Hitch Weight Rating

Hitch Weight Rating – Why Is It So Important?

Are you planning on getting a towing hitch for your truck or car and you are asking yourself what is the right hitch weight rating? This information is crucial for you if you want to have a properly working hitch for your car or truck. And we are going to explain everything you need to know when it comes to this.

Towing heavy objects can be a real mess if you don’t know these ratings. Imagine that you haul something really heavy and you are not using the right towing hitch on your car or truck. The hitch is probably going to fail and you will get your load damaged. This damage can cost thousands of dollars. So, do you really want that to happen to you? I think not.

Nobody wants to pay so much money on possible repairs that will be needed to be done to the trailer, and also on the load that was on the trailer. Not to mention that you will need a new towing hitch for your truck. All this quickly adds up and you will get completely ripped off after you try to cover every damage that occurred while you were hauling these heavy objects with your truck. That’s why we are going to explain everything you need to know when it comes to towing hitches.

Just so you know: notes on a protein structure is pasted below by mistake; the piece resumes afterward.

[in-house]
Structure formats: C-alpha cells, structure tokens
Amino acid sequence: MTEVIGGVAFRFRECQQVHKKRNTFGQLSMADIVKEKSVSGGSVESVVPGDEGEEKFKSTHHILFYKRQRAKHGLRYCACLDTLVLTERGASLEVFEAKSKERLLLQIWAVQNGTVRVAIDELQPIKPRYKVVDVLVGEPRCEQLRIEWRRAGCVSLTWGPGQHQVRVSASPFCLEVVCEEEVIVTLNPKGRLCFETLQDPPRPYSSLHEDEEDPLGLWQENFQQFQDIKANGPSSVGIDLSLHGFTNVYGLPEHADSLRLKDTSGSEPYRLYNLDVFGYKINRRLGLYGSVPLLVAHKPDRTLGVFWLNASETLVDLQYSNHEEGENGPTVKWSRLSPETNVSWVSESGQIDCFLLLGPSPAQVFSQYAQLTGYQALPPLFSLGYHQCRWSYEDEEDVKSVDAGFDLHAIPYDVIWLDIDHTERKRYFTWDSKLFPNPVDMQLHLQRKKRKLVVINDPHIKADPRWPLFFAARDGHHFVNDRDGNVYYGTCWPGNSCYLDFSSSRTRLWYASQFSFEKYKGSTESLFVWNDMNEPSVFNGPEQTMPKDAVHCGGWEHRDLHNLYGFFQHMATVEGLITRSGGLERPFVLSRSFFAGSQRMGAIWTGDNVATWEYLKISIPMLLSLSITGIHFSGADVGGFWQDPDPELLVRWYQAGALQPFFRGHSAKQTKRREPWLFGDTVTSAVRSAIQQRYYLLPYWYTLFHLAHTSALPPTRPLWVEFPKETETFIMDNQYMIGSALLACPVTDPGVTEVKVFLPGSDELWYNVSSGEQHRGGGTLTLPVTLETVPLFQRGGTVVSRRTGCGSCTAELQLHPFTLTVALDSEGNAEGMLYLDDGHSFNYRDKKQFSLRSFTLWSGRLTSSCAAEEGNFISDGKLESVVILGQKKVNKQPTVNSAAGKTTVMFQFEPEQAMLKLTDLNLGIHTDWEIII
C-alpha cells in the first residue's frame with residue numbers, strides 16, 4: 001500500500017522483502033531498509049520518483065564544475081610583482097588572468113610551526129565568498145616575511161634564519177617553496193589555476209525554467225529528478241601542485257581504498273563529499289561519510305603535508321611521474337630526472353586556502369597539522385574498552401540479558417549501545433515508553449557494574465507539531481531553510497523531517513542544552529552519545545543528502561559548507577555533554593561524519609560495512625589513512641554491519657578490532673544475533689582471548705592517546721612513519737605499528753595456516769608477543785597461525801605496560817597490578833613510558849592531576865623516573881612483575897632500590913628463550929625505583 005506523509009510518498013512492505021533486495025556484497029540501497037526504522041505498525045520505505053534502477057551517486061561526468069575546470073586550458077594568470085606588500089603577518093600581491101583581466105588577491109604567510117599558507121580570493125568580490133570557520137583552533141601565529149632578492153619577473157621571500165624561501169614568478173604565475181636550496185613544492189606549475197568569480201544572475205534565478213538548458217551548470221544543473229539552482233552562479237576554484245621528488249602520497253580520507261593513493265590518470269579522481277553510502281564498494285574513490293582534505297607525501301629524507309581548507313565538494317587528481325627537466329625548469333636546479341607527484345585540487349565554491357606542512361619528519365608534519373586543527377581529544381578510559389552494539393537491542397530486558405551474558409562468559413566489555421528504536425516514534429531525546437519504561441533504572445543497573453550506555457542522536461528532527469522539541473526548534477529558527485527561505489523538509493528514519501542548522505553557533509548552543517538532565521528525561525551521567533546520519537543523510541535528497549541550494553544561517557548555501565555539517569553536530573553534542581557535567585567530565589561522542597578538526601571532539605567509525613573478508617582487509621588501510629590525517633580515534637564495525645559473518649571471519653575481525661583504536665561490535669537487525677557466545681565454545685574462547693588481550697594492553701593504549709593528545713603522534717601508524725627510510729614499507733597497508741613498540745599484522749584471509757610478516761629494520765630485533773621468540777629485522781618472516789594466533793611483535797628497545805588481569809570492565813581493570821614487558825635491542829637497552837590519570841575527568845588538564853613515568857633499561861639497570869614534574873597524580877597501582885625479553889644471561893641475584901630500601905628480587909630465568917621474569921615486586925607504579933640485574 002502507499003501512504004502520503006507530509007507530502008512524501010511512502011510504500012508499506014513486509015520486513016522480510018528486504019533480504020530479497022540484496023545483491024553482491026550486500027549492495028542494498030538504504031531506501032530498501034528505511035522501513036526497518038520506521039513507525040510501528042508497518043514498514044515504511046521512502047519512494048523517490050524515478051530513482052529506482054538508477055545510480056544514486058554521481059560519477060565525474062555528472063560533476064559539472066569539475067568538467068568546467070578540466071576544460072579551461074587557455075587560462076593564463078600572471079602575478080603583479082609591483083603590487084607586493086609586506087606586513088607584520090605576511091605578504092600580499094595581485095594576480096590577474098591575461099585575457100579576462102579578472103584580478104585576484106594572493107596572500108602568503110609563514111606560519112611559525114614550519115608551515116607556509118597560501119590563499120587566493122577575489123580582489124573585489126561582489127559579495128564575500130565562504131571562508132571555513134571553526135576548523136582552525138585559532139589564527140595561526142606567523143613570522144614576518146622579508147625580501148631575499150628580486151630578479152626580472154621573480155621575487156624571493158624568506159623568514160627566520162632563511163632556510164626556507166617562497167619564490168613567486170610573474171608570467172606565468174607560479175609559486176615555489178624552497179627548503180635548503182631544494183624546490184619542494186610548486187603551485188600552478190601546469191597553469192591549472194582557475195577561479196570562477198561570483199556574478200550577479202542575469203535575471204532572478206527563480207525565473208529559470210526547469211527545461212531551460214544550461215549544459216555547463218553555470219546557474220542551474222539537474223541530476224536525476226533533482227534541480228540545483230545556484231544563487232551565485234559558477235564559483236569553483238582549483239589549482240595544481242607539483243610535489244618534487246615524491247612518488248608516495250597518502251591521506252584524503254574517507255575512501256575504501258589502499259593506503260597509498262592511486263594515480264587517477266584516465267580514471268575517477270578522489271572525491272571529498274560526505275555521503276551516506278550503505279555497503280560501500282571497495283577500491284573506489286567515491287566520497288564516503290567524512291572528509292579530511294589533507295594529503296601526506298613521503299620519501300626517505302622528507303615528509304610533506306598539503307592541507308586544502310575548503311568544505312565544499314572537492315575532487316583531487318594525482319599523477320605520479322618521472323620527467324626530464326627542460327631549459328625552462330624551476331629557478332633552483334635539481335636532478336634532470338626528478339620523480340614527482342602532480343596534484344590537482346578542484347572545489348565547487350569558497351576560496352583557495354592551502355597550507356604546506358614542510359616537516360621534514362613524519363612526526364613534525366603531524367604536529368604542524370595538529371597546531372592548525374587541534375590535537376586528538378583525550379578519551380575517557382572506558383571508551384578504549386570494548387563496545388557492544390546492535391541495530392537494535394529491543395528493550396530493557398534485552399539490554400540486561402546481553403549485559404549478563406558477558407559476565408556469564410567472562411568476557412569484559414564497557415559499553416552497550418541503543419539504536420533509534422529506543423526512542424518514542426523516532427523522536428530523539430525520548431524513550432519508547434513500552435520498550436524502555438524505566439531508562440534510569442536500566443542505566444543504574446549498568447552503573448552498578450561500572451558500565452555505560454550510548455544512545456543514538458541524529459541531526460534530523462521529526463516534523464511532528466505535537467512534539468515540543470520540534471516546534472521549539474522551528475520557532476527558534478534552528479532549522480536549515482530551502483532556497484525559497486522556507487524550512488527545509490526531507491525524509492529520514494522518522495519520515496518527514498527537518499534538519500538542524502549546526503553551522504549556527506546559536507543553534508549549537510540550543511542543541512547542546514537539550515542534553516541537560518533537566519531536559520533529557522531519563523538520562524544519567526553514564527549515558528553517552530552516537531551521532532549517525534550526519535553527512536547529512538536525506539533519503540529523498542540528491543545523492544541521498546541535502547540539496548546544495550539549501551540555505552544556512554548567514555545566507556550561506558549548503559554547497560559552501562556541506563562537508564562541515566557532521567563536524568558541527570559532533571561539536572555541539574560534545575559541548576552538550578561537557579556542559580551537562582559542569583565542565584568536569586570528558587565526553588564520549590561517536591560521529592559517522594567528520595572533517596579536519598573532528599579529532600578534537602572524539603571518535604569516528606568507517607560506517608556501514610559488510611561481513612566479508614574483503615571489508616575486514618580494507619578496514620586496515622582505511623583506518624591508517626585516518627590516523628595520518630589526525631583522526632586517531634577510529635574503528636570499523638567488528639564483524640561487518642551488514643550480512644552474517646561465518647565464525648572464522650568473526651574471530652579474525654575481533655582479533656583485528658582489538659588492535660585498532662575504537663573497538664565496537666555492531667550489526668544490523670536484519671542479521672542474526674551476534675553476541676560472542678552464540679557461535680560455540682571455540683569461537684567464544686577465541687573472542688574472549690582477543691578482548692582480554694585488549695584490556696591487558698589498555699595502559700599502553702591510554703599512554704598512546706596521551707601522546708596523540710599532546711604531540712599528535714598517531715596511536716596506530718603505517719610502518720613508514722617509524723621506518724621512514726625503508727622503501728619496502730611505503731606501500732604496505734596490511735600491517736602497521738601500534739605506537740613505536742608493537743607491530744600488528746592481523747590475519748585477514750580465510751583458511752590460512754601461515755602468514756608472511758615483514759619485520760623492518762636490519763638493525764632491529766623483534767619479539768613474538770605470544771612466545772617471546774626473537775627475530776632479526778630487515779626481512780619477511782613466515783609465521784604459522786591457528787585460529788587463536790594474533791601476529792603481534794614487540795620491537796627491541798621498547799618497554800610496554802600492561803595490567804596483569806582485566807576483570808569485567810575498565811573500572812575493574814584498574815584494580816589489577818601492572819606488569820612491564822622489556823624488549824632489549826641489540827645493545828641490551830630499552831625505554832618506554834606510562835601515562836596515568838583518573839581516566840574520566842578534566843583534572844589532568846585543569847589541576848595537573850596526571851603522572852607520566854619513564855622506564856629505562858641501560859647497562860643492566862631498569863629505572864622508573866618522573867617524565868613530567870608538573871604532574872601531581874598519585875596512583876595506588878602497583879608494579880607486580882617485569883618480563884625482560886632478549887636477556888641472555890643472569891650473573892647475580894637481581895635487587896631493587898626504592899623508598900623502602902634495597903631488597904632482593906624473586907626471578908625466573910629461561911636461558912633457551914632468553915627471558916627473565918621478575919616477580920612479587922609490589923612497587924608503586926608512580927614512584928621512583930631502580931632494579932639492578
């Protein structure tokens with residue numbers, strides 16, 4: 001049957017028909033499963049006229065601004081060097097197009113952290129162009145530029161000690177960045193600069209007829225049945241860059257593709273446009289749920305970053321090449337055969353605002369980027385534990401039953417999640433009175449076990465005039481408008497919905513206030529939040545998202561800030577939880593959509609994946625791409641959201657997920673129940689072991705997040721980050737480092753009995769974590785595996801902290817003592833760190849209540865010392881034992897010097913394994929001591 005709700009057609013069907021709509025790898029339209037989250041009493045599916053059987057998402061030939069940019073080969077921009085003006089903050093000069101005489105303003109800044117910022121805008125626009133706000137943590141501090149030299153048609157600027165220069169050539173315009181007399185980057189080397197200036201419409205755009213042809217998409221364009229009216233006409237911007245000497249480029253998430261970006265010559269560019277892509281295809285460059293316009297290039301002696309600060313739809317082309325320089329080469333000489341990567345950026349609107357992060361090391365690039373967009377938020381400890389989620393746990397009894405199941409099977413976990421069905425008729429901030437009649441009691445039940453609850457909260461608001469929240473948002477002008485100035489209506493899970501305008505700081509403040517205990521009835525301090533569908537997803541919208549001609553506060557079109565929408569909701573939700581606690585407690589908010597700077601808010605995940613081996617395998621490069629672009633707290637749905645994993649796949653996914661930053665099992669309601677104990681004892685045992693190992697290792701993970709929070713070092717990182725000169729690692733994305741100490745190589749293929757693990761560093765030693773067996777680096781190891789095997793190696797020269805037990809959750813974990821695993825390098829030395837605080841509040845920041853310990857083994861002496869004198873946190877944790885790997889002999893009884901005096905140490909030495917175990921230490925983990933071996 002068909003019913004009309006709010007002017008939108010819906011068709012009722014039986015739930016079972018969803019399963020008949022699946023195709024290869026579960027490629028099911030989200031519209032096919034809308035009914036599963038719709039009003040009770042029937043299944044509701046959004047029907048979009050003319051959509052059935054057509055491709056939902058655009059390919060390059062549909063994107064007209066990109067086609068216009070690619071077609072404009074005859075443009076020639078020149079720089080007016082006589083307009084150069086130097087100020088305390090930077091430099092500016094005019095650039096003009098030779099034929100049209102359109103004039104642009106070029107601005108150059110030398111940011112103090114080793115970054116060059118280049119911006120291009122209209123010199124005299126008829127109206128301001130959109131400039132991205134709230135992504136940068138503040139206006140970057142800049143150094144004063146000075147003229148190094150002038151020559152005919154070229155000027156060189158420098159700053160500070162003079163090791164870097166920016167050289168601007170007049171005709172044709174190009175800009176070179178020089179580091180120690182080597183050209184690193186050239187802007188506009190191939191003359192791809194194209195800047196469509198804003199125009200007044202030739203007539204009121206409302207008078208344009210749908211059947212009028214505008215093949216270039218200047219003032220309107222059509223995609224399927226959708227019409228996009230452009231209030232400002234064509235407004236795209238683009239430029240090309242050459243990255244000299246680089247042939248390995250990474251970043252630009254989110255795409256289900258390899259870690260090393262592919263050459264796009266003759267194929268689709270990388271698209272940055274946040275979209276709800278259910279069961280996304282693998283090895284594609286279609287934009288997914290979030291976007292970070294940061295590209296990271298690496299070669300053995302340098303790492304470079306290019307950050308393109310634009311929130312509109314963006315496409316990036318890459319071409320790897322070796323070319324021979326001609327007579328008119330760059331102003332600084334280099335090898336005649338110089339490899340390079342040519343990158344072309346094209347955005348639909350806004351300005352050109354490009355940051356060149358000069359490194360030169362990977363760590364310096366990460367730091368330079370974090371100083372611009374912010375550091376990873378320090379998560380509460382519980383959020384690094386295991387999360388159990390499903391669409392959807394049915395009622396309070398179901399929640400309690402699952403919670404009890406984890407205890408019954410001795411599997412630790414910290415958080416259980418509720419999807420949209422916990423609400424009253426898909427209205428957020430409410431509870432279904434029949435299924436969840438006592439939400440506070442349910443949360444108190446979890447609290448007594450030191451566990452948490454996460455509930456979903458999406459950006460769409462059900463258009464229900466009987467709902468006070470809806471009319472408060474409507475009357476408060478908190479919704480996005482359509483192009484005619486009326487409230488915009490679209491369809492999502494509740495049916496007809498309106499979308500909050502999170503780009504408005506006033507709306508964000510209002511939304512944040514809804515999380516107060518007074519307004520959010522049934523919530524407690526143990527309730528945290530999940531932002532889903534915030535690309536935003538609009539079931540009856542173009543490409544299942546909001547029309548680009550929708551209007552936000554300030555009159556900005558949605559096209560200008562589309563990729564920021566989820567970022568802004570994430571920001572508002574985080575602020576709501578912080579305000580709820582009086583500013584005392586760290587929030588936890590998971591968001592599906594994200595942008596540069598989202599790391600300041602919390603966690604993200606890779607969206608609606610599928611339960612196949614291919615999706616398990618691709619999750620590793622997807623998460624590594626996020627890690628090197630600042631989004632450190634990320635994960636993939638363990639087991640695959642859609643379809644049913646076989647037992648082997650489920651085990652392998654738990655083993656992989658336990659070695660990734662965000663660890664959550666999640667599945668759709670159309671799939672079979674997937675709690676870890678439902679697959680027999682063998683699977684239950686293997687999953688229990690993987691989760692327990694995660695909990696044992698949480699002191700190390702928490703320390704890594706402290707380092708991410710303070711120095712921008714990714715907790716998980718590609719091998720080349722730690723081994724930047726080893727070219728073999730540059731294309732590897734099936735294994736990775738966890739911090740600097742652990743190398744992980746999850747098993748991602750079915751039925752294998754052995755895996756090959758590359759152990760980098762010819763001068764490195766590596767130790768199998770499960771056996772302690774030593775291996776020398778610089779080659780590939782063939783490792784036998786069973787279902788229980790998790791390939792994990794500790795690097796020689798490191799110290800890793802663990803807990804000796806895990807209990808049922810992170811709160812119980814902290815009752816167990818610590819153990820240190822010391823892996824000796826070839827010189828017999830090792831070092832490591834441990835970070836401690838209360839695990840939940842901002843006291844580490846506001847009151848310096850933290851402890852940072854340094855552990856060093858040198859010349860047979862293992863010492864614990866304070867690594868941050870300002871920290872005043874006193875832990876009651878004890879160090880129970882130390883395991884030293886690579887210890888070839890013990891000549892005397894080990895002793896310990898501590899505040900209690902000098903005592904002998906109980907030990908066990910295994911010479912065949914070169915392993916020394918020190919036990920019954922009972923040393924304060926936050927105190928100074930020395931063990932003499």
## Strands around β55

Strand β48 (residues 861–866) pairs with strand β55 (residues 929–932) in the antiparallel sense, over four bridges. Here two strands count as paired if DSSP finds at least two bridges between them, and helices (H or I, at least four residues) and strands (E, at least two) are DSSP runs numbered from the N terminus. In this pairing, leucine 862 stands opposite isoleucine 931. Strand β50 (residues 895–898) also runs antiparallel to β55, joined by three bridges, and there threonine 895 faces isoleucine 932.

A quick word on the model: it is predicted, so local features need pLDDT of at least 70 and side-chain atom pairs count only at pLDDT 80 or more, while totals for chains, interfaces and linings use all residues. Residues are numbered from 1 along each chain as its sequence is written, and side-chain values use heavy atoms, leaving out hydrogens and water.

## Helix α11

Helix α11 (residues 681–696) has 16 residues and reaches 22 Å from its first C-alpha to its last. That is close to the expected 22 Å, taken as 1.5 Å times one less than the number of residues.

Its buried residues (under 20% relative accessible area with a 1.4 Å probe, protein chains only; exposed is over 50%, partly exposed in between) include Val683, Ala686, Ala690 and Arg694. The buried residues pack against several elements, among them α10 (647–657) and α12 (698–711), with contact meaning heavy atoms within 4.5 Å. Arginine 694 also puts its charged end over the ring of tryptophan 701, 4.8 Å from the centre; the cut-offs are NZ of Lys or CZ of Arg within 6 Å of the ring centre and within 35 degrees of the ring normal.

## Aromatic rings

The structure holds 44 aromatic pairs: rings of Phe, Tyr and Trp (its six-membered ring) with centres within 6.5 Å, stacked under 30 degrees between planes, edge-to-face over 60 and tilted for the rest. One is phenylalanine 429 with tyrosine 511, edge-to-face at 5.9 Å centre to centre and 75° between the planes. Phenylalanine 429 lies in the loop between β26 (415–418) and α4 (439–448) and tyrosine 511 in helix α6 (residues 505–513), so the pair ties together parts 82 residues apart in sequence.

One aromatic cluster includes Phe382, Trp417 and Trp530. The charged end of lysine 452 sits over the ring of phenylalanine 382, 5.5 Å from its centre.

In this article, we are going to cover what is the hitch weight rating and then we will cover the different classes of hitch weight rating. After, we will cover the best towing hitches that you can get for each of these towing hitch weight ratings. So, without further ado, let’s dive into the article.

What Is A Hitch Weight Rating?

The hitch weight rating in simple words is how much weight your hitch can tow. The gods didn’t create all vehicles and hitches equal to tow a lot of weight. So, you can expect that your vehicle will not perform like other more powerful vehicles that are out there that are equipped with beefy hitches.

That’s why smart people also known as automotive engineers, created something called a hitch weight rating that tells you what are the limits of the hitch when it comes to the towing ability and how much you can load it before it fails.

These hitch weight ratings are crucial to follow in order to avoid damaging the vehicle or damaging the cargo or the trailer. Whenever the hitch fails, something bad is going done and damage will be done to these components.

That’s why it is crucial to follow the recommended towing capacity if you want to avoid some permanent damage being done to your vehicle. Later on in the article, we are going to cover all of these towing classes that are out there so you familiarize yourself and learn how much load you could add to your specific vehicle.